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Saturday 10 December 2016

Irish backpackers stranded in Bali for nine days as volcanic ash-cloud grounds flights

Sarah-Jane Murphy

Published 13/11/2015 | 17:55

Volcanic ash is seen during an eruption inside the crater of Mount Rinjani on the Indonesian island of Lombok October 25, 2015 in this photo taken by Antara Foto
Volcanic ash is seen during an eruption inside the crater of Mount Rinjani on the Indonesian island of Lombok October 25, 2015 in this photo taken by Antara Foto
Bali, Indonesia

An Irish woman and her boyfriend have found themselves trapped in Bali with very little money to live on after a volcano on a nearby island erupted and produced an ash-cloud that has grounded air travel.

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Before leaving Ireland two months ago, Ciara Kilfeather from Sligo and her boyfriend Shane took out a backpacker travel insurance policy with an Irish online insurance company.

Mount Rinjani on the island of Lombok erupted on November 4 and has resulted in a large ash-cloud lingering over the region.

"We are more than a little upset that we aren't covered for this type of travel delay," she told RTE Radio One's Liveline.

"As backpackers we have very limited funds but we bought the insurance policy that we thought would best suit our needs.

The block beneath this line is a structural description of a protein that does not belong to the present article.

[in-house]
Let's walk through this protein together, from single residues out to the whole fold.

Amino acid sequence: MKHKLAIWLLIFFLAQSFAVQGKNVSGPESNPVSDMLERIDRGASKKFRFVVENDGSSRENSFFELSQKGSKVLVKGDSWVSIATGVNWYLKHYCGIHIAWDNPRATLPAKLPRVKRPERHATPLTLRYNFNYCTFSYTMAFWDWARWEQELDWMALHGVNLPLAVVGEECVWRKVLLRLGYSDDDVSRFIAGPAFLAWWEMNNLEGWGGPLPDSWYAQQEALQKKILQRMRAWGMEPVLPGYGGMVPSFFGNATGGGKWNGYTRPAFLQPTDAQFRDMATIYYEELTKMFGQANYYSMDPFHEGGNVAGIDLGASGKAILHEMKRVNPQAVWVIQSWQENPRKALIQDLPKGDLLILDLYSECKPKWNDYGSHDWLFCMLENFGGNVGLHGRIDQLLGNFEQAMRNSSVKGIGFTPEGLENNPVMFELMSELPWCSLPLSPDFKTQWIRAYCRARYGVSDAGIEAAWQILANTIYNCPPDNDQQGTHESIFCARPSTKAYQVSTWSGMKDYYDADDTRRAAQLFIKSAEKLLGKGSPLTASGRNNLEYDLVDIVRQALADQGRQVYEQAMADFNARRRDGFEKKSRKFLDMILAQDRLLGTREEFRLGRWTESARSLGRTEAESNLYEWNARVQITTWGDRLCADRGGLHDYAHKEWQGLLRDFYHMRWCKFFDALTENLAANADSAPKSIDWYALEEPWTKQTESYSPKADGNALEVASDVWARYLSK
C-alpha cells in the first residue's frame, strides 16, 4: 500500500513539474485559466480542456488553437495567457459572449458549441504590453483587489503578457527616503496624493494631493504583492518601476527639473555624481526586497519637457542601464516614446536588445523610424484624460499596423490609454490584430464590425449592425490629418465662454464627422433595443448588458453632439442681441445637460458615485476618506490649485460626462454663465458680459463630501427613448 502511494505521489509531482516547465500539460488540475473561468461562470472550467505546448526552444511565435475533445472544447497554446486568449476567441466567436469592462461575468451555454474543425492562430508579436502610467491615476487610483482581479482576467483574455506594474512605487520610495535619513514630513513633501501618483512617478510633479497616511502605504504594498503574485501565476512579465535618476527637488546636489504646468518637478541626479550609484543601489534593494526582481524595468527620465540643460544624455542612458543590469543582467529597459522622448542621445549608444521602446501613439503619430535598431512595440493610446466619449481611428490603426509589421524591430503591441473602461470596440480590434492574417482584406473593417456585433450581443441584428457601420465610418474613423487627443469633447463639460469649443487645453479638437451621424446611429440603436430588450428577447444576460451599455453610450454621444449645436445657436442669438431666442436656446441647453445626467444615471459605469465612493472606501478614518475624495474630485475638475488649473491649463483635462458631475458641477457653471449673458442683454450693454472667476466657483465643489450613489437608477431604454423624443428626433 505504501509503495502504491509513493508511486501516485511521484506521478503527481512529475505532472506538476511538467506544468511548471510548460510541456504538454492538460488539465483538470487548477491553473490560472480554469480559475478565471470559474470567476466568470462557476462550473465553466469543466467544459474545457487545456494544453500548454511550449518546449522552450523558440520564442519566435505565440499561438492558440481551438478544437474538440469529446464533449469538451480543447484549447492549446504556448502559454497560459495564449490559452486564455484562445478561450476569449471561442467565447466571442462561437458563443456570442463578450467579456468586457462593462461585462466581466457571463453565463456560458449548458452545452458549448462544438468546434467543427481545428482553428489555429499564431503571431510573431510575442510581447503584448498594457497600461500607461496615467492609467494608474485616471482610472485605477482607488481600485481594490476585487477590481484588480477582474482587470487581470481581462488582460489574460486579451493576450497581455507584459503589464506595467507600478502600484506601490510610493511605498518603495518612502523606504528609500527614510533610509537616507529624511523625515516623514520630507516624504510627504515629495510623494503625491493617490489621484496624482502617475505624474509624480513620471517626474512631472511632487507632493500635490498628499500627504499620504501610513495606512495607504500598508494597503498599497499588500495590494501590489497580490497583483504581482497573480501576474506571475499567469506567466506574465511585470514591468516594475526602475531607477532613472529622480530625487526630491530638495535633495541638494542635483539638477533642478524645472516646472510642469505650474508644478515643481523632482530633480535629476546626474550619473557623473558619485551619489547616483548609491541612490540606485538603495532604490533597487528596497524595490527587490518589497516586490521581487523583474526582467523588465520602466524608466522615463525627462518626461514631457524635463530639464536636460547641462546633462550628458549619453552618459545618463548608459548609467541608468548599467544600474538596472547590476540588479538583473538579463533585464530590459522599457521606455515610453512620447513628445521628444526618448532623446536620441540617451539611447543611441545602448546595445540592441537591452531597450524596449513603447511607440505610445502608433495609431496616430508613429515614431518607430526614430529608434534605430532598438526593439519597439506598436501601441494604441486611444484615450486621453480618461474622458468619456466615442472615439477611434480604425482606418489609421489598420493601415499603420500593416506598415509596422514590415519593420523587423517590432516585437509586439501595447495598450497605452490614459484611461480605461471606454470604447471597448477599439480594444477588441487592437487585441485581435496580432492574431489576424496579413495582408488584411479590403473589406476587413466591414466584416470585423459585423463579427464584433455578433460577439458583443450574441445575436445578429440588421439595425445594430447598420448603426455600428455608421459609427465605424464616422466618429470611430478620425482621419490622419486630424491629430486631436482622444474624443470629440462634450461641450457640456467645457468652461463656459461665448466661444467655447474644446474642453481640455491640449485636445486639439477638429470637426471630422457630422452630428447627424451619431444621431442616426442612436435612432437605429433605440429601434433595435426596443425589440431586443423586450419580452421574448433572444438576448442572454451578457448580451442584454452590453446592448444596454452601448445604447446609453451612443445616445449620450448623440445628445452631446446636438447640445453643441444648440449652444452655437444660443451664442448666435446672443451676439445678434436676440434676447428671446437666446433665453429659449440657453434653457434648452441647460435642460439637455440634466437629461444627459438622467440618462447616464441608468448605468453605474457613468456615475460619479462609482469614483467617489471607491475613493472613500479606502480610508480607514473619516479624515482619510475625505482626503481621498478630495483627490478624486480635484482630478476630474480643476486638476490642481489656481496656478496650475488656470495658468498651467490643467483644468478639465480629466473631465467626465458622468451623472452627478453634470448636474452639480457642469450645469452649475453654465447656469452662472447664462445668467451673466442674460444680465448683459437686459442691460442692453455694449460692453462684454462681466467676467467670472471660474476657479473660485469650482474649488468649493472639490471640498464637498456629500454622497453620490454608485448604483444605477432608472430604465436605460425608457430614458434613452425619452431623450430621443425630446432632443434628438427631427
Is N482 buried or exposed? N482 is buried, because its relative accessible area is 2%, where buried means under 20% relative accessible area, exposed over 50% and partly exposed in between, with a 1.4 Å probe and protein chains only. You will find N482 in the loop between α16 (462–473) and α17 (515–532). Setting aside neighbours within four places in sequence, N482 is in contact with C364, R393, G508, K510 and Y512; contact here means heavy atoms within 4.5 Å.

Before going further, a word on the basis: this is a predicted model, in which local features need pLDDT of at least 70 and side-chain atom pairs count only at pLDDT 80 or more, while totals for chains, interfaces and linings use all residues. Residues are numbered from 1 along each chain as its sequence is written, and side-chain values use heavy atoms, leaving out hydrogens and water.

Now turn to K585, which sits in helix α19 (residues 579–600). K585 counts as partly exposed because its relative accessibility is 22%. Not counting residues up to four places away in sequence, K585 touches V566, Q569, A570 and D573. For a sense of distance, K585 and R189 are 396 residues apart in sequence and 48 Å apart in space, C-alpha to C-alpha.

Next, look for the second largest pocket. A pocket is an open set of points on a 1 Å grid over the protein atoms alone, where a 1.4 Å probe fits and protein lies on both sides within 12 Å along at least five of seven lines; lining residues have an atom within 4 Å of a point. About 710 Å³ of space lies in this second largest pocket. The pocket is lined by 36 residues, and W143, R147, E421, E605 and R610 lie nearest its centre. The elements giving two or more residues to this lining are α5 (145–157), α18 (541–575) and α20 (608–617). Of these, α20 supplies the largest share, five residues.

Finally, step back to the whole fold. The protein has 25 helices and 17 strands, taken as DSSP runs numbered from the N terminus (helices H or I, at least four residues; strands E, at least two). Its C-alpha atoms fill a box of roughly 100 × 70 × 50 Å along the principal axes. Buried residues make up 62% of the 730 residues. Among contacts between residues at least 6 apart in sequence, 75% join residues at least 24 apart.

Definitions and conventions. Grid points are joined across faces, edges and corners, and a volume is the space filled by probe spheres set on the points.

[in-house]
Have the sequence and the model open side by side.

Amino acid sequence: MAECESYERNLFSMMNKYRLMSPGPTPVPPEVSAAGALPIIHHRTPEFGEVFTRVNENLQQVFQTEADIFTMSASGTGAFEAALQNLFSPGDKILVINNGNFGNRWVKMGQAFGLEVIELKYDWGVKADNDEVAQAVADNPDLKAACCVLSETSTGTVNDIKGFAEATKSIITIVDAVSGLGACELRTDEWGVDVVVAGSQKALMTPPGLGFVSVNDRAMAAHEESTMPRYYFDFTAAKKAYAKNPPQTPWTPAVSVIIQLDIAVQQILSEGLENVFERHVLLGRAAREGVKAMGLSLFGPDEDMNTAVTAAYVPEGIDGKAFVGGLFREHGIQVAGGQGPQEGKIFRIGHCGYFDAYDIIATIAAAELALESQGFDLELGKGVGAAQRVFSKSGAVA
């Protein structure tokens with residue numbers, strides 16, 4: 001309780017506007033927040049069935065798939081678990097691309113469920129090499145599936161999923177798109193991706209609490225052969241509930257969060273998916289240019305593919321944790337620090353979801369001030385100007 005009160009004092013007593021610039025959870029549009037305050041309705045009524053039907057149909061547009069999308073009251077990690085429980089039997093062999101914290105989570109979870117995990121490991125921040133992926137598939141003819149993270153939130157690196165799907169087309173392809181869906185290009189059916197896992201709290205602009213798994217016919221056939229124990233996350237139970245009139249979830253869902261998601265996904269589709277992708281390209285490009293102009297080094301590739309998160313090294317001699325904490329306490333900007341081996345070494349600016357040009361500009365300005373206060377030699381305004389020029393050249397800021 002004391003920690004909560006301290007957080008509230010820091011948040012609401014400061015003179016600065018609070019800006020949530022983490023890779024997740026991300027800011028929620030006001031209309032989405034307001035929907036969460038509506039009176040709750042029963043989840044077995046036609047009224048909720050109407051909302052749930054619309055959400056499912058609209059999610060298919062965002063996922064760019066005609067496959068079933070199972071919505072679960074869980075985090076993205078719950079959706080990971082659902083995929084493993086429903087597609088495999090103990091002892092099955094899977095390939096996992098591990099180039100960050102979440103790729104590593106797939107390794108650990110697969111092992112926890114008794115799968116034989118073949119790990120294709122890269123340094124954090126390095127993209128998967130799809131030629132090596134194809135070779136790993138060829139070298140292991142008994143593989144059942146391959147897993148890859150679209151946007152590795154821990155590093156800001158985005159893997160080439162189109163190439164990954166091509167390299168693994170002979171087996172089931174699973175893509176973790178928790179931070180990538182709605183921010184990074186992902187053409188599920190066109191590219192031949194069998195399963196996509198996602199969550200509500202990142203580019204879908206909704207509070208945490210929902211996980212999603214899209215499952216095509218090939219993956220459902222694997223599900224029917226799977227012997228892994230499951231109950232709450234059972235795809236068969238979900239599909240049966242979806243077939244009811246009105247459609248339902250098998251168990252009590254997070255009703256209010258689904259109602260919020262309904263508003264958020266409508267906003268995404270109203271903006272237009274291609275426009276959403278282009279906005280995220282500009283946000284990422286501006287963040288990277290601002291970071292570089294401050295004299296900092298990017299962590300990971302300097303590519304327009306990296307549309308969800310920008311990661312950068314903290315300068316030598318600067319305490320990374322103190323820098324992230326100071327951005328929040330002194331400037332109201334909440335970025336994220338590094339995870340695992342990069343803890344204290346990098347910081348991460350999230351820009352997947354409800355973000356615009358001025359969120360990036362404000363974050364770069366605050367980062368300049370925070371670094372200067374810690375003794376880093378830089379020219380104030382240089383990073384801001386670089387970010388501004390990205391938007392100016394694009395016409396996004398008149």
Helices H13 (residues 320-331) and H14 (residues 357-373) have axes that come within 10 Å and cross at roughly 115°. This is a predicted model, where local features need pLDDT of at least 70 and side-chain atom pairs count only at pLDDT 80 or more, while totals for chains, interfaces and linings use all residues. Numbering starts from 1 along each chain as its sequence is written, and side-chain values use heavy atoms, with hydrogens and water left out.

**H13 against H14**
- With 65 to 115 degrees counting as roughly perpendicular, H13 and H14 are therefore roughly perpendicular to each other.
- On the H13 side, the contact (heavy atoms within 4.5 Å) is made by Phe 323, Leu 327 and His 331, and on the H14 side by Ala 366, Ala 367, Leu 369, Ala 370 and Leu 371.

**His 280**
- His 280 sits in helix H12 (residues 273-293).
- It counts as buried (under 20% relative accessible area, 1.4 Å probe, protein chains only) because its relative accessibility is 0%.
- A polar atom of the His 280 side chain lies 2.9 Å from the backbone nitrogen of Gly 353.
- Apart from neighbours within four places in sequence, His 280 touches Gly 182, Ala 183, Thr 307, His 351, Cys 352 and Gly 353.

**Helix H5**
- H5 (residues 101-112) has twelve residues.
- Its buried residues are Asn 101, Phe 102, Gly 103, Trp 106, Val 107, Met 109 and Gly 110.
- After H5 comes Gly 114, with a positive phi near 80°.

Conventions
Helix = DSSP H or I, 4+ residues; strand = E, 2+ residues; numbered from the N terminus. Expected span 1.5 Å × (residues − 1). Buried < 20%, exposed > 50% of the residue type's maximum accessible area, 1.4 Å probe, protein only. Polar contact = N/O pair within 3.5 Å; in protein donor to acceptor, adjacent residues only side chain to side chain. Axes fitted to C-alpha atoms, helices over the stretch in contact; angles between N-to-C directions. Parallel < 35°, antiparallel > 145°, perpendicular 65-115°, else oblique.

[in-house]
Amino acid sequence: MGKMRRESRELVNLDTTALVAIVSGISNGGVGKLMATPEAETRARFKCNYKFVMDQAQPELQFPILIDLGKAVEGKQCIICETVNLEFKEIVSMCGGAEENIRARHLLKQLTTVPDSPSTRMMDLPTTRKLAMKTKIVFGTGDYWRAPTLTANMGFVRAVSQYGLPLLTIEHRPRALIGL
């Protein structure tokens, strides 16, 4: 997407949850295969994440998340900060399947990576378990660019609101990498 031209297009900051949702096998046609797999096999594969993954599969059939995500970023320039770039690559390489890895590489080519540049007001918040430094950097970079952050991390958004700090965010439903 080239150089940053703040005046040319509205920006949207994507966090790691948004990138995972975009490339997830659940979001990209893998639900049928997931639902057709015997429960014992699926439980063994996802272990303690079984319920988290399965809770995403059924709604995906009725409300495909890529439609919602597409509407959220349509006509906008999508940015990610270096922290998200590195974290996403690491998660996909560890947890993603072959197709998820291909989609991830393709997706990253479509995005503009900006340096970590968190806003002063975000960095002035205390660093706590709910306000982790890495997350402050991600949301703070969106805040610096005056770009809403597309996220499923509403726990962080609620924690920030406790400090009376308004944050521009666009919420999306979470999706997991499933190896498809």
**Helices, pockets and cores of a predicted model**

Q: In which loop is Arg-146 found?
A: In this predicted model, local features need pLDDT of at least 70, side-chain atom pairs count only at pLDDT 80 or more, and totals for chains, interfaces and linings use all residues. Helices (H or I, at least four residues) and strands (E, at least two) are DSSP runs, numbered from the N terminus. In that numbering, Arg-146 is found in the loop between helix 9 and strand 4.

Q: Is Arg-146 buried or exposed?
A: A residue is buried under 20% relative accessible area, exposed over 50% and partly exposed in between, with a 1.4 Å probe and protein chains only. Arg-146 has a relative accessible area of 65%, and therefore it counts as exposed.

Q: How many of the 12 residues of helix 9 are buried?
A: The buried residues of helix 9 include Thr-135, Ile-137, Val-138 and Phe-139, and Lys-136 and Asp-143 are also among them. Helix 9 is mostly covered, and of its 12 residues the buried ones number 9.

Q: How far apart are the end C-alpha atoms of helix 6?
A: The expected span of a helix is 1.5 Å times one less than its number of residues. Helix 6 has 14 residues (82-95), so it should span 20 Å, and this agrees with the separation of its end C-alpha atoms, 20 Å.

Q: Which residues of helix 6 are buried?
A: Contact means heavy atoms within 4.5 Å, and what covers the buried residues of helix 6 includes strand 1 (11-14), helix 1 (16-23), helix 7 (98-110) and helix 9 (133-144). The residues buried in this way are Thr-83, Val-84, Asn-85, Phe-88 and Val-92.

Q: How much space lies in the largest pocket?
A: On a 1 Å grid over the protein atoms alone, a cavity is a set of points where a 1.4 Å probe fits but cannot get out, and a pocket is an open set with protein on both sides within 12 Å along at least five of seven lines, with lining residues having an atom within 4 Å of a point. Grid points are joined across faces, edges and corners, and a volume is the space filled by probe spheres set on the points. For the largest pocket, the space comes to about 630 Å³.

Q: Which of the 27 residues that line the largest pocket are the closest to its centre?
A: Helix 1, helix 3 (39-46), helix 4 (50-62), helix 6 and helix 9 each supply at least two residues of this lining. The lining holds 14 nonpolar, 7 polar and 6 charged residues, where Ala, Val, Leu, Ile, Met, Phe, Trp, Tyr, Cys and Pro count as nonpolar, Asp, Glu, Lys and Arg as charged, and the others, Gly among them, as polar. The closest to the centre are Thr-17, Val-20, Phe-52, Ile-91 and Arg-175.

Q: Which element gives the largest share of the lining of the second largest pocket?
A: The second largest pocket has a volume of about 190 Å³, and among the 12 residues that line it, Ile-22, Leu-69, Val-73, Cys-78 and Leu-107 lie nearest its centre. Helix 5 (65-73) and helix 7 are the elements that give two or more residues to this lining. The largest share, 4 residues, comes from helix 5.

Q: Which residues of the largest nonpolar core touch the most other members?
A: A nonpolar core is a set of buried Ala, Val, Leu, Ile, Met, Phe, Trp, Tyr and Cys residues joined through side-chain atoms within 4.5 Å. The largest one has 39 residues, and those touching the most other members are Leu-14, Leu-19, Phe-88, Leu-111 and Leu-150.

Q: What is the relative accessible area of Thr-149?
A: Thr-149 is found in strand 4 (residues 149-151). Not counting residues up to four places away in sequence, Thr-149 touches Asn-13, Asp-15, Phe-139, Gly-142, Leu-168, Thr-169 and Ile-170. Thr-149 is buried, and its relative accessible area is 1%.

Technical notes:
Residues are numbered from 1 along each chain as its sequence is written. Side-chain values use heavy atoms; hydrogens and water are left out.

"We opted for the backpacker policy because my understanding is that multi-trip policies only cover you for 30 days travel and we were planning to go for longer than that," Ciara said.

She explained that having unexpected extra time in the tropical paradise isn't as fun as it sounds, especially because they don't have much spending money left.

"We have to stay near to wi-fi in case we get a text or a phone call from our airline," she said.

"All I'm looking for is for the policy to be clear and state that ash-cloud related issues are not covered.

"It doesn't say that and if it did I wouldn't have bought it.

"From what I can gather backpackers can't get insurance for ash-cloud travel disruption," she said.

Ciara said that on a recent trip to the Gili Islands she noticed a large grey cloud looming over Bali.

She assumed it was rain but now she knows she was staring straight into the ash-cloud.

The #stuckinBali hashtag has gone viral with travelers stranded by volcanic ash sharing snippets of their tropical, glamorous ordeals.

The ash cloud is showing no signs of dissipating but wind conditions mean that when it blows away from the airport, some flights can arrive and depart from Denpasar Airport.

The online insurance company have been contacted by Independent.ie but have not provided a comment at the time of publishing.

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